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Hair Loss During Cancer Treatment: What to Expect

Cancer Care

When you are told you have to undergo chemotherapy, the words, “You are going to lose your hair,” can be very distressful for women and men alike. The fear of the unknown can make the thought of hair loss unbearable. Hair can be a big part of a person’s identity. 

Once treatment starts and hair loss begins, the reality of your cancer diagnosis is always staring back at you in the mirror. Not seeing the person you used to be, can be disheartening and difficult. 

Dealing with hair loss, both emotionally and physically, can be easier once you know what to expect.

Why does hair loss occur with chemotherapy?

Chemotherapy-induced alopecia (hair loss) comes from the cellular level. Chemotherapy is effective in targeting all fast-growing dividing cells. The hair follicle is a highly active structure with a host of cells that frequently divide to produce the growth of hair; therefore, it is also affected by treatment.

When does hair loss occur?

Hair loss often begins between the 14th and 21st day after your first treatment. You may experience it a bit earlier depending on the type of treatment or if you’ve had surgery before starting treatment. 

What happens when I lose my hair?

It begins with the loss of just a few strands. You may notice some tenderness in areas of your scalp. This is an indication that hair loss will occur in that area soon. You may wake up one day and not notice any hair loss at all, then by the middle of the day you start shedding hair. The shedding will start lightly and increase in volume. This is normally when we hear from patients asking to have their heads shaved at our Inner Beauty Salon

For those who lose hair, the decision to shave their head is always black and white: YES, I am ready, or NO, I am not. When that time comes, you can make the decision on where or how you want to go about shaving your head. 

Some ladies are pro-active and decide to cut their hair short before hair loss. Some also shave their heads prior to experiencing hair loss because they want the choice and control of when they lose their hair. Most already have wigs picked out.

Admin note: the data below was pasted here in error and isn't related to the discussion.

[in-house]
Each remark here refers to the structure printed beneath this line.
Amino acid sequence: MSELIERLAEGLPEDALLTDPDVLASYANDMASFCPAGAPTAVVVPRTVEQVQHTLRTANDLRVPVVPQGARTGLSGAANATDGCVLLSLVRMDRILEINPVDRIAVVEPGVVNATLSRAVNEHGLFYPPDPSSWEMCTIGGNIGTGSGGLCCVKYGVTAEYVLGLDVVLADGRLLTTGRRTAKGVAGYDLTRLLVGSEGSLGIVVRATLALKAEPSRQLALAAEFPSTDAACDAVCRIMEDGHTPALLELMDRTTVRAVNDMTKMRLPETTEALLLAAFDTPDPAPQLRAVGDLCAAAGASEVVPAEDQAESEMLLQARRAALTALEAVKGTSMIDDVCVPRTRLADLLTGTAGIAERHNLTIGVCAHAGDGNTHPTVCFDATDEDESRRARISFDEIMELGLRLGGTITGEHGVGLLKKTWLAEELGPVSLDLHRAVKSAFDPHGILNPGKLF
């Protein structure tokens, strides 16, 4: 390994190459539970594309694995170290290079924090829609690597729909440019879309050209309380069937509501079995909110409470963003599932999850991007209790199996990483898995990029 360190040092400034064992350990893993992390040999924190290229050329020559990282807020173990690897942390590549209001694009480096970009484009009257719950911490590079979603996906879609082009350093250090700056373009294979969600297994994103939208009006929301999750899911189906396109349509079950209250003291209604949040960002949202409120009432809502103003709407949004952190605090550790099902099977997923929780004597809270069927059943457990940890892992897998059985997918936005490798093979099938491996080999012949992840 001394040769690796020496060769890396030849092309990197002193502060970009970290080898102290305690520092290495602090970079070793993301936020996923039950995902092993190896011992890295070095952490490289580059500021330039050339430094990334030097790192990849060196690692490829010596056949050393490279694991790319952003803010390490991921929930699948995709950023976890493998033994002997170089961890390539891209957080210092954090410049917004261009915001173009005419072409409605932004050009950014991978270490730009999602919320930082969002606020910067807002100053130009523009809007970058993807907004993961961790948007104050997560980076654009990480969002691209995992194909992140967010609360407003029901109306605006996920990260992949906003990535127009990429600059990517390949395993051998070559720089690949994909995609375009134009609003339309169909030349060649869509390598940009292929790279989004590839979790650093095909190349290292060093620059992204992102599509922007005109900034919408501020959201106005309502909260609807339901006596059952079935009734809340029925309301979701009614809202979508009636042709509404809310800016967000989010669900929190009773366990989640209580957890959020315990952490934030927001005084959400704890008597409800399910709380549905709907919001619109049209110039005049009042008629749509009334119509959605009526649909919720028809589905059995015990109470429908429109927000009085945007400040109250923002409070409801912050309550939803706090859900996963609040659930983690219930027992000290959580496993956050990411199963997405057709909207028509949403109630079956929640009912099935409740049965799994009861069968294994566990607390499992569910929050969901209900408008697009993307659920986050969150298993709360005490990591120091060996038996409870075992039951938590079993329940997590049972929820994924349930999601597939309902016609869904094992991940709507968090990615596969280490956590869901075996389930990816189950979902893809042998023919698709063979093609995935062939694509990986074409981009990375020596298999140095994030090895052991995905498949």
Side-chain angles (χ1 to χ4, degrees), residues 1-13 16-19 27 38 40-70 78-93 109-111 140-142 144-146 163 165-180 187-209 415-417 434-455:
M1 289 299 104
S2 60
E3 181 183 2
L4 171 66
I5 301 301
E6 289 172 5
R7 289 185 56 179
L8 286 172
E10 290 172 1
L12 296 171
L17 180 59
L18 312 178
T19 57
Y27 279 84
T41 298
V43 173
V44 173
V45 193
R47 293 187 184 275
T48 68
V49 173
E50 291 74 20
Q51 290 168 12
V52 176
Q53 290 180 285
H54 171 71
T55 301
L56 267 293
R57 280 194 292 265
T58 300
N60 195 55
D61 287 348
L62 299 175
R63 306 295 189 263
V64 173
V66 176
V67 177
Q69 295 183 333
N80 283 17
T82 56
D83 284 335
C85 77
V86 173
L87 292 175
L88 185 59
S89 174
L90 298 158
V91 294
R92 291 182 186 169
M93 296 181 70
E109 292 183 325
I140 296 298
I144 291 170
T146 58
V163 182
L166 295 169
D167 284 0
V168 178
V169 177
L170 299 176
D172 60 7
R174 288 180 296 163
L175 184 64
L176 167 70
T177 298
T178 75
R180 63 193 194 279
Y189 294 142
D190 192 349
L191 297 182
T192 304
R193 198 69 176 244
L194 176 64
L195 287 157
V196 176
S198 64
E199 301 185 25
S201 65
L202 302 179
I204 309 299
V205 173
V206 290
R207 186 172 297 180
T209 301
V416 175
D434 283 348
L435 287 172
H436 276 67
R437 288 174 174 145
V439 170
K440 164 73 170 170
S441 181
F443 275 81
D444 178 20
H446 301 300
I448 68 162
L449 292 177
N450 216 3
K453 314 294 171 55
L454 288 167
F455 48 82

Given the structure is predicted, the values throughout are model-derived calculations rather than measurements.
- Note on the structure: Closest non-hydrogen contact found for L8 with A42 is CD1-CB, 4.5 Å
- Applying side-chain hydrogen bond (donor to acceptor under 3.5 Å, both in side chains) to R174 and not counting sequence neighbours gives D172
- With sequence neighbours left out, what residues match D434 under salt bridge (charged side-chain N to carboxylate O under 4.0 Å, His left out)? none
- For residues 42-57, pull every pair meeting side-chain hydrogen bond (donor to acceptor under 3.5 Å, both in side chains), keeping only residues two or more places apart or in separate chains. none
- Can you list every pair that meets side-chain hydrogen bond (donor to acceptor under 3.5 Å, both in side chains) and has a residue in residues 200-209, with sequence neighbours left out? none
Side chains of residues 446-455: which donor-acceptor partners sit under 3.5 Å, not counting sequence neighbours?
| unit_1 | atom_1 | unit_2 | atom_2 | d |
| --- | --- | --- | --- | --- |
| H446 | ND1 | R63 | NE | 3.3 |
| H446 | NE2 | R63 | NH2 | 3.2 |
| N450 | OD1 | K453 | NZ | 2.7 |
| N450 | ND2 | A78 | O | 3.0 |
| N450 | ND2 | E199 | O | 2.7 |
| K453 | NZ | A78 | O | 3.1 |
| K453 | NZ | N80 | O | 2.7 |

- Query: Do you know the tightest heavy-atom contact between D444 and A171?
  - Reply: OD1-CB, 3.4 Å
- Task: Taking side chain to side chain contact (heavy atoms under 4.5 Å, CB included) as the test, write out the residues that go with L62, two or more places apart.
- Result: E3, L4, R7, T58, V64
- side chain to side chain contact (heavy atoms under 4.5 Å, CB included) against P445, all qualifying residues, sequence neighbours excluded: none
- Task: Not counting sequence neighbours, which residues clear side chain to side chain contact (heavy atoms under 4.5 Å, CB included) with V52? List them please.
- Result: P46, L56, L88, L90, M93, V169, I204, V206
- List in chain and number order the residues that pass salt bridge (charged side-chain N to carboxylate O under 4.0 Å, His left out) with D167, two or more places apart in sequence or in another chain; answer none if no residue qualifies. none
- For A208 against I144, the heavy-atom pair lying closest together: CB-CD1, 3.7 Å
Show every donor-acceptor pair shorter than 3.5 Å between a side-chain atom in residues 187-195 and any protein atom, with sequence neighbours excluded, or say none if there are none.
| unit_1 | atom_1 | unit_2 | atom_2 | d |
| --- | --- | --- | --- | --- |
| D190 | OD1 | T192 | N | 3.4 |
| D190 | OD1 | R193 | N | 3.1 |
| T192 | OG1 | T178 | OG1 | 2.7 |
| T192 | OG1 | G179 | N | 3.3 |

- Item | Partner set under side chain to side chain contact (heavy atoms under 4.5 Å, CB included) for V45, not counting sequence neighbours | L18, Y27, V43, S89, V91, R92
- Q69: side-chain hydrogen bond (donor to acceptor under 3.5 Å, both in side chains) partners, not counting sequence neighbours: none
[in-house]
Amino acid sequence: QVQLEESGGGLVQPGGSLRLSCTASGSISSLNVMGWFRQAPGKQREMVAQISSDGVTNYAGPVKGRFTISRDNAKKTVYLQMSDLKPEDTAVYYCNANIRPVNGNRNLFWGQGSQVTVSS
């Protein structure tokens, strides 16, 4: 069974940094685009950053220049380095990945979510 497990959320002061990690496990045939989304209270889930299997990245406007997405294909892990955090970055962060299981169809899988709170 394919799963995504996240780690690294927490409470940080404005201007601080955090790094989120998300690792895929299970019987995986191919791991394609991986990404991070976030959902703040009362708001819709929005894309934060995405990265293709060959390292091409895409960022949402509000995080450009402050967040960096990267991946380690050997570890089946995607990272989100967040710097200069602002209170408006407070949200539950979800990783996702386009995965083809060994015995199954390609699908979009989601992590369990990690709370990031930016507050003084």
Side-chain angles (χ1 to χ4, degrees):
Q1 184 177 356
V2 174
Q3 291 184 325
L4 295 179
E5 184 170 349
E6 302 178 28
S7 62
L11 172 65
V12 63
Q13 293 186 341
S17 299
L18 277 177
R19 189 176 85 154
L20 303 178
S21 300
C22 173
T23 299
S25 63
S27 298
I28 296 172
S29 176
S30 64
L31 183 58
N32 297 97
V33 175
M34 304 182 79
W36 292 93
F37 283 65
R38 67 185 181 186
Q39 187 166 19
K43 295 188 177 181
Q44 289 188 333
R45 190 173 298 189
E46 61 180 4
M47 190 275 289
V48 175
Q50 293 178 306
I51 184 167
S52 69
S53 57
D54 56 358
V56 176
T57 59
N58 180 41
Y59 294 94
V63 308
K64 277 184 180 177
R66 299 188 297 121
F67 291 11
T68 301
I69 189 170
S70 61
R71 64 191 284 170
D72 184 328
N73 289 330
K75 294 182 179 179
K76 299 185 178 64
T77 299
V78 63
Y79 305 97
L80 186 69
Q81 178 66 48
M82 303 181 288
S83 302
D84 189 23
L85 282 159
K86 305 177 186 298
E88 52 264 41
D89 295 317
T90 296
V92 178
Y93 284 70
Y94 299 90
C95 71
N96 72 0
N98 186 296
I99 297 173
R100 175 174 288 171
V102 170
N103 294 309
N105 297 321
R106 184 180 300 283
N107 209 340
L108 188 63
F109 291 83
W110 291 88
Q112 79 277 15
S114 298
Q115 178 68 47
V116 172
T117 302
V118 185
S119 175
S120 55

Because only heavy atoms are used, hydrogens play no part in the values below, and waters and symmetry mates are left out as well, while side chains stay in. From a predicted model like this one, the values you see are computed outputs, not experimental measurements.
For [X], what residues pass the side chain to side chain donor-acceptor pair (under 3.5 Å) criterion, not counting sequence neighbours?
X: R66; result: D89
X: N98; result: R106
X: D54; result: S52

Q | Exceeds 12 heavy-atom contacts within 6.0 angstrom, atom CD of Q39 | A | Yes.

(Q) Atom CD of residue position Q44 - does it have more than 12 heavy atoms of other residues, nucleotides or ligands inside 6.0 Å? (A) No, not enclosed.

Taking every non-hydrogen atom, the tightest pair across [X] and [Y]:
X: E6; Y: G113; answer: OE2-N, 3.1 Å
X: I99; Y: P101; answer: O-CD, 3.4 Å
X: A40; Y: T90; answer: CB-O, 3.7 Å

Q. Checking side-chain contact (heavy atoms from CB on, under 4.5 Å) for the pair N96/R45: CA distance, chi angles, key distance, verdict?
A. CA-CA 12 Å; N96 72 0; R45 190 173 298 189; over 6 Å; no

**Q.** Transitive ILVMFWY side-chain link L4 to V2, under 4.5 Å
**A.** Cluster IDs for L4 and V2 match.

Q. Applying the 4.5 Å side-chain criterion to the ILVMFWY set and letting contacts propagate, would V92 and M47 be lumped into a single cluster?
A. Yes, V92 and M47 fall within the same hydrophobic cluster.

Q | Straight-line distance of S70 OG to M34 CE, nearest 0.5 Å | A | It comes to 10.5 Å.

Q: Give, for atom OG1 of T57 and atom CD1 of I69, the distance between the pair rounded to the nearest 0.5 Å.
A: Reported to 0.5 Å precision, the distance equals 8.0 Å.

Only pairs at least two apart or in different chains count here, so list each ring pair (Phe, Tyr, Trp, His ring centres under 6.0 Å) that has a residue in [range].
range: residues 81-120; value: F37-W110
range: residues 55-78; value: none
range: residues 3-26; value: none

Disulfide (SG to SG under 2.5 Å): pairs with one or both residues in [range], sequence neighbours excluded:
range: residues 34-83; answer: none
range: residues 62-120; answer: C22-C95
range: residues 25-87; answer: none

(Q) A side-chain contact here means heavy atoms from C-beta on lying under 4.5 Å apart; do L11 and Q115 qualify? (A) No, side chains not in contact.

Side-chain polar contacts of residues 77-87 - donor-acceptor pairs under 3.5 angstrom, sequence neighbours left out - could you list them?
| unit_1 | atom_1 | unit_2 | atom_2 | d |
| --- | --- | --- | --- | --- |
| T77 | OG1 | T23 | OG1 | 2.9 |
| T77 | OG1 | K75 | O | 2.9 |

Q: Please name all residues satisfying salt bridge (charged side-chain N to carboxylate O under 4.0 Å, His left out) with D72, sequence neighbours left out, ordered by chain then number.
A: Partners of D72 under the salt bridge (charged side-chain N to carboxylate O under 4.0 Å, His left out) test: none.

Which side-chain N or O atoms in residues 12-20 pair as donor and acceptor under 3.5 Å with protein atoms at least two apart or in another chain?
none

Just a note: NEVER use a straight edge razor to shave your head. This can cause infection. We suggest using clippers, resulting in a “G.I. Jane” look. The stubble left behind will fall out as time goes on. It is best to sleep in a soft chemo beanie to capture those hairs so they do not get all over your pillow. 

What are other possible side effects of hair loss?

Some people breeze through hair loss and experience no side effects at all. Others can experience many different things such as: 

  • Itchy scalp
  • Tenderness, pain or soreness on the scalp
  • Cradle cap (crusty or oily scaly patches) or dry, flaky scalp
  • Redness 
  • The scalp feeling warm to the touch
  • Rashes in small clusters
  • Sore bumps known as folliculitis (inflammation of the hair follicles)

First, some words of encouragement, because it all sounds so scary. If you have discomfort, it will pass! You may have none of the symptoms listed above, or you may have a few. If you experience any unpleasant side effects, they will last about two to three weeks or less.

There are ways you can minimize these negative side effects. Click here for tips on taking care of your scalp and minimizing your discomfort.

Will I lose all my hair or will it just thin?

Your hair loss is determined by what chemotherapy drugs you are taking. Some cause partial hair loss while others cause complete hair loss.

Will I lose eyelashes and eyebrows?

This will depend on your chemotherapy drugs, as well as the amount of treatments you have. It is possible if you are undergoing 12 chemo treatments or more to lose all of your eyebrows and eyelashes. Eyebrow and eyelash loss usually doesn’t occur until later in your treatment.

When will my hair start growing again?

Every person is different in how fast his or her hair starts to grow back. Some see growth towards the end of treatment, while it takes others three to six months to really start seeing good results. Once the hair starts growing, you may notice a change in texture or color. It may come in curly!

What if my hair comes back in thin?

While this is not the norm, it is always a possibility. The first step is to get into a healthy hair regimen. Our licensed clinical cosmetologists at Inner Beauty can educate you on how to best go about this. We also have many hair-piece options for thin hair, assessed on an individual basis.

Let the beauty of who you are keep shining through

Our Inner Beauty teams are licensed clinical cosmetologists and certified orthotic mastectomy professionals. Our passion is to offer hope to those who are undergoing treatment by educating and walking through the journey with them. We offer services that provide encouragement for your inner self while giving you the outward confidence in your appearance so you can look in the mirror and see the beautiful YOU looking back.

To schedule a personal appointment at Inner Beauty: A Specialty Salon for Cancer Survivors, call (402) 354-7813.

 

Lori Fuchs

About the Author:

As a beauty specialist for more than 38 years, Lori Fuchs has worked as a regional and national educator, makeup artist and skin care specialist. She is a clinical cosmetologist, a certified mastectomy fitter, and the coordinator of Inner Beauty: A Specialty Salon for Cancer Survivors

Lori is passionate about empowering patients diagnosed with cancer to reclaim confidence during their cancer journeys.
 

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